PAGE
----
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How to become a speech and language therapist

You must complete a pre-registration degree programme to become a speech and language therapist in the NHS.

What is a speech and language therapist?

Speech and language therapists provide treatment, support, and care for children and adults with communication difficulties or eating, drinking and swallowing problems.

Starting your career as a speech and language therapist

Choosing subjects at school

To get on a course that could lead to a career as an speech and language therapist, useful subjects include: 

  • Human Biology
  • Psychology 
  • Care 
  • Childcare and Development 
  • Physics 
  • English 
  • Maths 

Speak to your guidance teacher about subjects offered at your school.

Work placements and volunteering

You may find it helpful to get some healthcare experience by doing a work placement or volunteering. You’ll get training, increase your knowledge, and learn new skills. This could help you when applying to university, college or a new job with NHSScotland. 

Education and training pathway

You'll need a degree to become a speech and language therapist. Most universities accept a wide range of qualifications, giving you the option of applying directly from school or going to college first. 

At college, you could do an HNC in Healthcare Practice. 

Widening access

Widening participation supports adult learners who want to go to university. If you’re an adult with few or no qualifications, you could get into higher education through the Scottish Wider Access Programme (SWAP). Many universities also provide access programmes to help you get the degree entry qualifications you need. 

Pre-registration undergraduate Speech and Language Therapy degree programmes

Two universities in Scotland offer undergraduate programmes in Speech and Language Therapy or Speech and Language Pathology approved by the HCPC: 

  • Queen Margaret University 
  • University of Strathclyde 

Pre-registration undergraduate programmes take 4 years full-time. 

Pre-registration postgraduate Speech and Language Therapy degree programme

If you have relevant qualifications and healthcare experience, you can do a postgraduate diploma or a master’s degree in Speech and Language Therapy. A pre-registration postgraduate course usually takes 2 to 3 years.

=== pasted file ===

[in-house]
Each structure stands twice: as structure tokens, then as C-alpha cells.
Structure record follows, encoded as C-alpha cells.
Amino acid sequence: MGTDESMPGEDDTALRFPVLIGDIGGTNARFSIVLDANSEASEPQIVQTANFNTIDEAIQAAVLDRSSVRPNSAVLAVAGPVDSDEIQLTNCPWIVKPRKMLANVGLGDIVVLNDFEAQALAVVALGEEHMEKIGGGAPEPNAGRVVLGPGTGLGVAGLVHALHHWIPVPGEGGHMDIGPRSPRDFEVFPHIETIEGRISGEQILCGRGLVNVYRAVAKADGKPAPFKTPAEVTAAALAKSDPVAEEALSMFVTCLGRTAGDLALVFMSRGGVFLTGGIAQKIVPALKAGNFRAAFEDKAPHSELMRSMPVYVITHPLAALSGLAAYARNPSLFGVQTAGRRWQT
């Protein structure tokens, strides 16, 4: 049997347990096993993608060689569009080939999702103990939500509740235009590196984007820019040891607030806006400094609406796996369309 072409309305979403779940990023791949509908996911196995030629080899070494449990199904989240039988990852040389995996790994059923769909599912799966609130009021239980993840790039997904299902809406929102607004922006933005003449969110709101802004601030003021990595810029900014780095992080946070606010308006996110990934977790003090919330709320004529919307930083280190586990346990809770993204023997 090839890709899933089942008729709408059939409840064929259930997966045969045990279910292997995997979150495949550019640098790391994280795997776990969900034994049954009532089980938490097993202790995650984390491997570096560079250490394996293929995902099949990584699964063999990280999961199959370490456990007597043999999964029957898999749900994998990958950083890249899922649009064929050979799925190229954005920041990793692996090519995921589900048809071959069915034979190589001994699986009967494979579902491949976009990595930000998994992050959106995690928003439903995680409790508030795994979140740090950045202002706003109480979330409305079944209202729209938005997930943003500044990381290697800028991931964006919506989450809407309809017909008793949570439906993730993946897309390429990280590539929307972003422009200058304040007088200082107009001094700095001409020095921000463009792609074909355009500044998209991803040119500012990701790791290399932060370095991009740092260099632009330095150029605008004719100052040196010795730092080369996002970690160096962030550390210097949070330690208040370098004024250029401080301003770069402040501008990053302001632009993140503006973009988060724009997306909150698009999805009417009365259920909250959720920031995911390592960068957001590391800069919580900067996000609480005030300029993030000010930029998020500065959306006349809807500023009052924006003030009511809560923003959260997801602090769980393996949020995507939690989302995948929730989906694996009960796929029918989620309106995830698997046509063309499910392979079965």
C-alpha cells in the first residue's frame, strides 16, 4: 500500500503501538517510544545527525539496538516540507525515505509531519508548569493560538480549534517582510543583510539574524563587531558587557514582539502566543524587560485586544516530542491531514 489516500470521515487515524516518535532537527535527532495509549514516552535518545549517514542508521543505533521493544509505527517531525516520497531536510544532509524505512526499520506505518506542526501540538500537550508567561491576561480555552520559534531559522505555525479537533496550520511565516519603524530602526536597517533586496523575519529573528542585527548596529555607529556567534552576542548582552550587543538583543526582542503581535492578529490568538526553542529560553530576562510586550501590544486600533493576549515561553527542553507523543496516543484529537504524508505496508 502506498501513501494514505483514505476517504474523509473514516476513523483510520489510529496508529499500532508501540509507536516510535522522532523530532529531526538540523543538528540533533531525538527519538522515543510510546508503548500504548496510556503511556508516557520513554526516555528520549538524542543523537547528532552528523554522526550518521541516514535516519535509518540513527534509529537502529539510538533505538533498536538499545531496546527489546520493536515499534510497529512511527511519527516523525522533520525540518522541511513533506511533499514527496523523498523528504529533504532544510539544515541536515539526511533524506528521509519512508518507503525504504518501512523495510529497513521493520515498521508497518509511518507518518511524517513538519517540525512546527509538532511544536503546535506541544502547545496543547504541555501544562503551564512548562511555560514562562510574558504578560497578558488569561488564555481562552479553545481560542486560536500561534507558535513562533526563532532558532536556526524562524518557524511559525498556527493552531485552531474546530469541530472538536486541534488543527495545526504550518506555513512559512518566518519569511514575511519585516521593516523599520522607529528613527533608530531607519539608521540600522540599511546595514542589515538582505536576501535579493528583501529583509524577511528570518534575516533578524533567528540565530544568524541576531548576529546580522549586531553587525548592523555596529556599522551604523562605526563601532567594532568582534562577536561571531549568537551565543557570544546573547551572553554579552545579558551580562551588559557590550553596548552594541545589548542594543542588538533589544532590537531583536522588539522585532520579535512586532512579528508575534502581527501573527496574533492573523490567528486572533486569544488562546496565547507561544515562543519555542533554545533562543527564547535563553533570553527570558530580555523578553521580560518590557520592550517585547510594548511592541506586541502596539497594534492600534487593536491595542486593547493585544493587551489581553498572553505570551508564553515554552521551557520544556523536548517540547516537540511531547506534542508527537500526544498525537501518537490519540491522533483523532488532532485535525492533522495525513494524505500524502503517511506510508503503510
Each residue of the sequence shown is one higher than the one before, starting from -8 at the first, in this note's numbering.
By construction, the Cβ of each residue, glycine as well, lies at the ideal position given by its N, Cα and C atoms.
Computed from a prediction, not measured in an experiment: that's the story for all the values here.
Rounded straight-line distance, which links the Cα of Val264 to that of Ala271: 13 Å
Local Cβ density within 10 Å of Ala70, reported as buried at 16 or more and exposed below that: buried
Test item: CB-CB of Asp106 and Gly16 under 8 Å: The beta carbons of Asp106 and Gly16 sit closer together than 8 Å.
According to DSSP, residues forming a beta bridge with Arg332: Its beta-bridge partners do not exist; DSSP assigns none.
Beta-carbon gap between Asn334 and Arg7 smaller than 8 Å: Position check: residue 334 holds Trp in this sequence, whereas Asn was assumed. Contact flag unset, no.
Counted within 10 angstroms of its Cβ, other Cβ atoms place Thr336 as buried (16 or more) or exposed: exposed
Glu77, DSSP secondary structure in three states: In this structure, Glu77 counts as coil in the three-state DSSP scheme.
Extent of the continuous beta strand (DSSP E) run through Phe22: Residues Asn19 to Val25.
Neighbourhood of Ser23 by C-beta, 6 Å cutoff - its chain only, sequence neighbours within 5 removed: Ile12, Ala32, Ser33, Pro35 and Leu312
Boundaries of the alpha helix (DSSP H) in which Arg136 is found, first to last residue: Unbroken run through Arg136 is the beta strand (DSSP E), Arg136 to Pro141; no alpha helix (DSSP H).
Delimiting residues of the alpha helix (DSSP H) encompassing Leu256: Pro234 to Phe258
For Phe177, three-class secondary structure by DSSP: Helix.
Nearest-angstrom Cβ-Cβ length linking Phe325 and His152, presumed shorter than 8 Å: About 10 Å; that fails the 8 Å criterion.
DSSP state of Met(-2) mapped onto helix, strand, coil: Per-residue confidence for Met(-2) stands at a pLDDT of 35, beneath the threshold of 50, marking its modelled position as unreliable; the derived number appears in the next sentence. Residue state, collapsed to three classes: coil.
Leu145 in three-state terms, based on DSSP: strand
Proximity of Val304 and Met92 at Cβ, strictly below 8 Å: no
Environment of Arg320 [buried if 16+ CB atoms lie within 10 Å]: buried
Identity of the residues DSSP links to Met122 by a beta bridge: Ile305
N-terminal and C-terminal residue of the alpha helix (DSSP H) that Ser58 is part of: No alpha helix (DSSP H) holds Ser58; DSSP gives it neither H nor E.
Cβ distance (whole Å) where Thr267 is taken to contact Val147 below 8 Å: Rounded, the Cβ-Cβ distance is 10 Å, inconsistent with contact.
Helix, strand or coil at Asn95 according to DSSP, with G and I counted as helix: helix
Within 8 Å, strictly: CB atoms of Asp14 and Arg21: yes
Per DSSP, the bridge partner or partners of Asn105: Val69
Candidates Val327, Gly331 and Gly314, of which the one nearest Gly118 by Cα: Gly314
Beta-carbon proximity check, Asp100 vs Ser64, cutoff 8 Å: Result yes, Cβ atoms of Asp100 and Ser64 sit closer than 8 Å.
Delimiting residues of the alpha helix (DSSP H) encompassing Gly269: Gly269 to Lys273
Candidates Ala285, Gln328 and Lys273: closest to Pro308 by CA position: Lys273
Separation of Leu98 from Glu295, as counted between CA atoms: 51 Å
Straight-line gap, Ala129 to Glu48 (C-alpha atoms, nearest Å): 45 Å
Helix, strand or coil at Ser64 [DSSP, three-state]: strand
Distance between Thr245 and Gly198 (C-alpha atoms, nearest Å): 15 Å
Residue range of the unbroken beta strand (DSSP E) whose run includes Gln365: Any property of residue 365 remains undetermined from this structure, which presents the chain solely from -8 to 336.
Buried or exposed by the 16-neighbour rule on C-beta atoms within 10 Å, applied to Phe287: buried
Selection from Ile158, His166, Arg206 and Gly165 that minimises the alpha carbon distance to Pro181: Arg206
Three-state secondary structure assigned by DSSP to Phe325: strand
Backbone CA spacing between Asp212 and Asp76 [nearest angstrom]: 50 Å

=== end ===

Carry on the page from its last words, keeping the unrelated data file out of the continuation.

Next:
You should contact individual universities to find out about specific entry requirements.

After graduation, you must register with the HCPC. You can then apply as a newly qualified speech and language therapist for vacancies in the NHS.

Course search

Search for college or university programmes on My World of Work.

Get to know the role

As a speech and language therapist, you would work with people who experience communication or swallowing difficulties for various reasons. These include: 

  • a developmental delay 
  • learning disability 
  • autism 
  • brain injury, stroke, Parkinson’s disease or
  • dementia 
  • cancer of the mouth and throat 
  • a stammer 
  • hearing loss 

Tasks include: 

  • assess developmental speech and communication difficulties in babies and children 
  • create and implement therapy programmes and work with clients to monitor progress 
  • support people,their carers, and family members to use alternative forms of communication 
  • train other professionals to deliver communication support 
  • assess swallowing ability 
  • work with clients individually or in groups 
  • write client reports 
  • supervise students and healthcare support workers 

You'll need these skills:

  • caring 
  • collaboration
  • communicating
  • problem-solving
  • persuading and motivating people 
  • leadership

Speech and language therapists work with other healthcare professionals, including: 

  • physiotherapists 
  • occupational therapists 
  • doctors 
  • nurses 
  • healthcare support workers 
  • teachers

You could work in: 

  • hospitals and rehabilitation units 
  • health centres 
  • daycare centres 
  • schools  
  • prisons and young offenders units
  • a person’s home 

Learning and development

During your career, you’ll be expected to keep your skills and knowledge up to date through Continuing Professional Development. The Royal College of Speech and Language Therapists (RCSLT) provides: 

  • training courses 
  • conferences 
  • seminars  

Visit the RSCLT website for more about training and CPD courses.

Professional bodies

When you become a qualified speech and language therapist, you must register with the HCPC to work in the NHS. You can also join the Royal College of Speech and Language Therapists.

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